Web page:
Rhode Island awards $4,360,600 in matching grants to 13 municipalities and community organizations for climate resilience projects

On July 29, 2020 the Rhode Island Department of Environmental Management (DEM) awarded $4,360,600 in matching grants to 13 municipalities and community organizations for climate resilience projects across the state.

The grants will fund 14 projects to restore and improve the climate resilience of vulnerable coastal habitats, as well as river and stream floodplains and related habitats. Funding includes $4 million from the 2018 Green Economy and Clean Water Bond, along with $360,600 from the 2014 and 2016 Green Economy Bonds for flood mitigation and stormwater. The governor’s recommended $69 million Beach, Clean Water and Green Bond for 2020 includes additional funding to make critical investments in municipal resilience and clean water.

We know that climate change poses an existential threat to our state and our 400 miles of coastline,” said Governor Gina M. Raimondo. “These grants will support our Resilient Rhody strategy and help us ensure that we are able to protect both our people and our natural spaces.

The grants awarded today continue the state’s efforts to assist and advance the resilience of Rhode Island’s municipalities, including removing aging dams in the Kickemuit River watershed, improving resilience along the Woonasquatucket River in Providence, and investing in local, sustainable development plans in Pawtucket’s Transit Oriented Development district.

Climate change is causing extreme weather, inland and coastal flooding, and sea level rise – resulting in environmental and economic challenges for Rhode Islanders and around the world. Scientific modeling predicts that these impacts will accelerate. Each of Rhode Island’s 39 cities and towns is vulnerable to climate change impacts, with infrastructure and natural systems at risk due to their location in riverine or coastal floodplains.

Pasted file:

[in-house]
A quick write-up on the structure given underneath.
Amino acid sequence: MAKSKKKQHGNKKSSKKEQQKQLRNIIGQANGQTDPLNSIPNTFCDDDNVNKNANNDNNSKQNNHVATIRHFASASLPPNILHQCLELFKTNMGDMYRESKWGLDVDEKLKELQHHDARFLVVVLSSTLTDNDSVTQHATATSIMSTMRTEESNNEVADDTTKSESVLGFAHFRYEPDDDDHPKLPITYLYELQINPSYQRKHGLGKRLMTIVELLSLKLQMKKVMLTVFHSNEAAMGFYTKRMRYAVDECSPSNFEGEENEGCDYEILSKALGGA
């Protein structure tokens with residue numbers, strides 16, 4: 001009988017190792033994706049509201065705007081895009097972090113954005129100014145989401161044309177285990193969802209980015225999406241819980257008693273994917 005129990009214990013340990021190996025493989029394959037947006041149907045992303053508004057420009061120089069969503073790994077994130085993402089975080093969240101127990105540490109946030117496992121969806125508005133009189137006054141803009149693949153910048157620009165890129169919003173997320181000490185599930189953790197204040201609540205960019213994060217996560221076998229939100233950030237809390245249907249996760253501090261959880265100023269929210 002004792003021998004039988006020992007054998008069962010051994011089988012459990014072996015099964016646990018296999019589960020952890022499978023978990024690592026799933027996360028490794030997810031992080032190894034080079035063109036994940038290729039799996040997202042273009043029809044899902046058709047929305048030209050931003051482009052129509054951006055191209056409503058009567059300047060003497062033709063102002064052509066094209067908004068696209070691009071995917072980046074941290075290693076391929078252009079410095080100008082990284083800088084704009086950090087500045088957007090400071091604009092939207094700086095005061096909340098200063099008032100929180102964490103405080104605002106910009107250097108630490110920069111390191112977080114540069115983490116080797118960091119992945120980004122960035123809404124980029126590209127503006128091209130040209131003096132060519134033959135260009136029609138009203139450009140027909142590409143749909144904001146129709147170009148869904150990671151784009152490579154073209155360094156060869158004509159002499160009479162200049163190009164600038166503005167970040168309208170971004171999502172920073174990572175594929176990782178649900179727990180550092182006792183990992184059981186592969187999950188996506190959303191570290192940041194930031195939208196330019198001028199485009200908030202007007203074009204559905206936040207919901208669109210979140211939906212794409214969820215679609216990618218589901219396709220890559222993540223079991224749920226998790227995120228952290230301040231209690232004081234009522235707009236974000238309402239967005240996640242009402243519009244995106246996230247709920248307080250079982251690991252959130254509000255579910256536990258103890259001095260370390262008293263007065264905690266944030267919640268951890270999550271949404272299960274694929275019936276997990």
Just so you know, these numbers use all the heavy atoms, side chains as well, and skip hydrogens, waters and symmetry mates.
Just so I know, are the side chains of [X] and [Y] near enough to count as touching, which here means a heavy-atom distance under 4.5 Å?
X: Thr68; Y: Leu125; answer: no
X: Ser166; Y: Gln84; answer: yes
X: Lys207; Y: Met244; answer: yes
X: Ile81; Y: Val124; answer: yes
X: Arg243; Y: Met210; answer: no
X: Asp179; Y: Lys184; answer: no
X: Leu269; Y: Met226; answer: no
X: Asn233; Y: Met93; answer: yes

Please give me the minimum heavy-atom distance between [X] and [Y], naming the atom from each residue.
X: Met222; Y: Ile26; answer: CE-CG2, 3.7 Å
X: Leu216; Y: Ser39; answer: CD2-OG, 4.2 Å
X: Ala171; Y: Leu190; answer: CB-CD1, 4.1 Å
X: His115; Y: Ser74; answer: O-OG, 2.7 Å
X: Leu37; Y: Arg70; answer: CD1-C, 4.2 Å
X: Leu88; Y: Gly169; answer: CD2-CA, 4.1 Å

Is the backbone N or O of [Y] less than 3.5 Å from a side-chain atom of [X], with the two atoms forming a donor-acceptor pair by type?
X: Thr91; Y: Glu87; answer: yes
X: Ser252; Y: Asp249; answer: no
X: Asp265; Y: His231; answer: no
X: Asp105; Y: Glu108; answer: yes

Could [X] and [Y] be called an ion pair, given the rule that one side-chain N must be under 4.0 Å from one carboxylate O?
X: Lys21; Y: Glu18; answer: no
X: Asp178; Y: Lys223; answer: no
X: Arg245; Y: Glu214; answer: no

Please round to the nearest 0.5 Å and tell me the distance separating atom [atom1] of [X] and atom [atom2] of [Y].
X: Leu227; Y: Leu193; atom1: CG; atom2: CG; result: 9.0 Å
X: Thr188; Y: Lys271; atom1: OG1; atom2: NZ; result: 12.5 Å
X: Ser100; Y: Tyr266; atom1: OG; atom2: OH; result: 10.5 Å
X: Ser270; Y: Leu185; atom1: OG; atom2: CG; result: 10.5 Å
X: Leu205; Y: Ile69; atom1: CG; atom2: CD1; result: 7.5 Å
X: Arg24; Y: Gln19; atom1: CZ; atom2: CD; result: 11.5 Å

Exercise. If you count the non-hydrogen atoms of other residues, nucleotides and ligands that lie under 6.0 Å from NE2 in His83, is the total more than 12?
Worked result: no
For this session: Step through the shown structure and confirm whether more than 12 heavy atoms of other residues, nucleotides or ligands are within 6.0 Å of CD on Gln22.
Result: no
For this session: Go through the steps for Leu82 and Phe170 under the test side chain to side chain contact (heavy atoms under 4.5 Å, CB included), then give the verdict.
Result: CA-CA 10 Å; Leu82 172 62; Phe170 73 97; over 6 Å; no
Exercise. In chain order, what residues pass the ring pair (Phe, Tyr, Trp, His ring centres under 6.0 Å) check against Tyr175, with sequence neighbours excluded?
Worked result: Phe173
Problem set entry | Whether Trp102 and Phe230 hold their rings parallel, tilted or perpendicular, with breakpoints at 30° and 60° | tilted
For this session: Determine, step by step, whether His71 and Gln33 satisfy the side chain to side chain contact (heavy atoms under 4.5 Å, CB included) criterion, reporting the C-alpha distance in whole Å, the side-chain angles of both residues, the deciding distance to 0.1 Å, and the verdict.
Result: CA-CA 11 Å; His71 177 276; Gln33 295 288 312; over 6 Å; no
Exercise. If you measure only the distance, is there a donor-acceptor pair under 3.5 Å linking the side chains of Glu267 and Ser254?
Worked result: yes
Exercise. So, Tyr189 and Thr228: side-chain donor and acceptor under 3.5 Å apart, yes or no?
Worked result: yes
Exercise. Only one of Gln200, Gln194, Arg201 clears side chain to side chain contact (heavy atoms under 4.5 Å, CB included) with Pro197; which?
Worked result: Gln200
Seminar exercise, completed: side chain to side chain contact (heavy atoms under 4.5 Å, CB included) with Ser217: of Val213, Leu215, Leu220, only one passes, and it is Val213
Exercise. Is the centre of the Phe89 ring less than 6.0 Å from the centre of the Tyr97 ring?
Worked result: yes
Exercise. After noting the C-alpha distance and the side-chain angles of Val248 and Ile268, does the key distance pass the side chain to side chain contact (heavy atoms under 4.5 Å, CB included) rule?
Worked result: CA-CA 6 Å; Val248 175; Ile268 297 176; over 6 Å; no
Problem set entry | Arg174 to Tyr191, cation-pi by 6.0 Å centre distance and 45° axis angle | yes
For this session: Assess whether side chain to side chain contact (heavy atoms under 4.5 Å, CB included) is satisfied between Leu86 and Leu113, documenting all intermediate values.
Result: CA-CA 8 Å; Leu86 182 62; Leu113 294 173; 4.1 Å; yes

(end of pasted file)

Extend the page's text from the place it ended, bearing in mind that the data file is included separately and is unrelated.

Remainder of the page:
Rhode Islanders have seen places we love eroded, flooded, degraded, and lost due to the impacts of climate change,” said DEM Director Janet Coit.

These grants will enable us to work with a wide group of municipalities and organizations across Rhode Island to protect our treasured places and advance a healthier, more resilient Rhode Island. The 2018 Green Economy and Clean Water Bond was approved by nearly 80% of Rhode Island voters, and it is great to see these funds go directly into helping our communities prepare for the impacts of our changing climate,” she explained.

The newly-awarded grants include:

  • Barrington, $100,000: Promote coastal resilience at Allin’s Cove and Latham Park to restore and prevent future shoreline erosion allowing for salt marsh migration and preservation of public access to the park.
  • Bristol County Water Authority, $1.2 M (Warren): Promote the ecological resilience of the Kickemuit River system by removing the Upper ($750,000) and Lower ($450,000) Kickemuit River dams, increasing flood storage capacity of the wetland, and reducing flooding of low-lying roads during precipitation events and coastal storms. The removal of both dams will restore a tidal estuary, salt marsh habitat, and create a salt marsh migration corridor under future sea level rise scenarios.
  • Coventry, $130,600: Improve the Upper Dam Pond by reducing stormwater runoff from local roadways and the surrounding high-density residential neighborhoods and phosphorus loadings into the pond. Funding for this grant is from 2016 state bond funding for stormwater projects.
  • Farm Fresh RI, $370,000 (Providence): Utilize nature-based solutions at the new Food Hub site to create sustainable landscape/habitat space, including raising surface grade to mitigate flooding, incorporating public greenspace (including native plantings) and increasing permeable surfaces to protect against future flooding and prevent runoff along the Woonasquatucket River in Providence’s Valley neighborhood.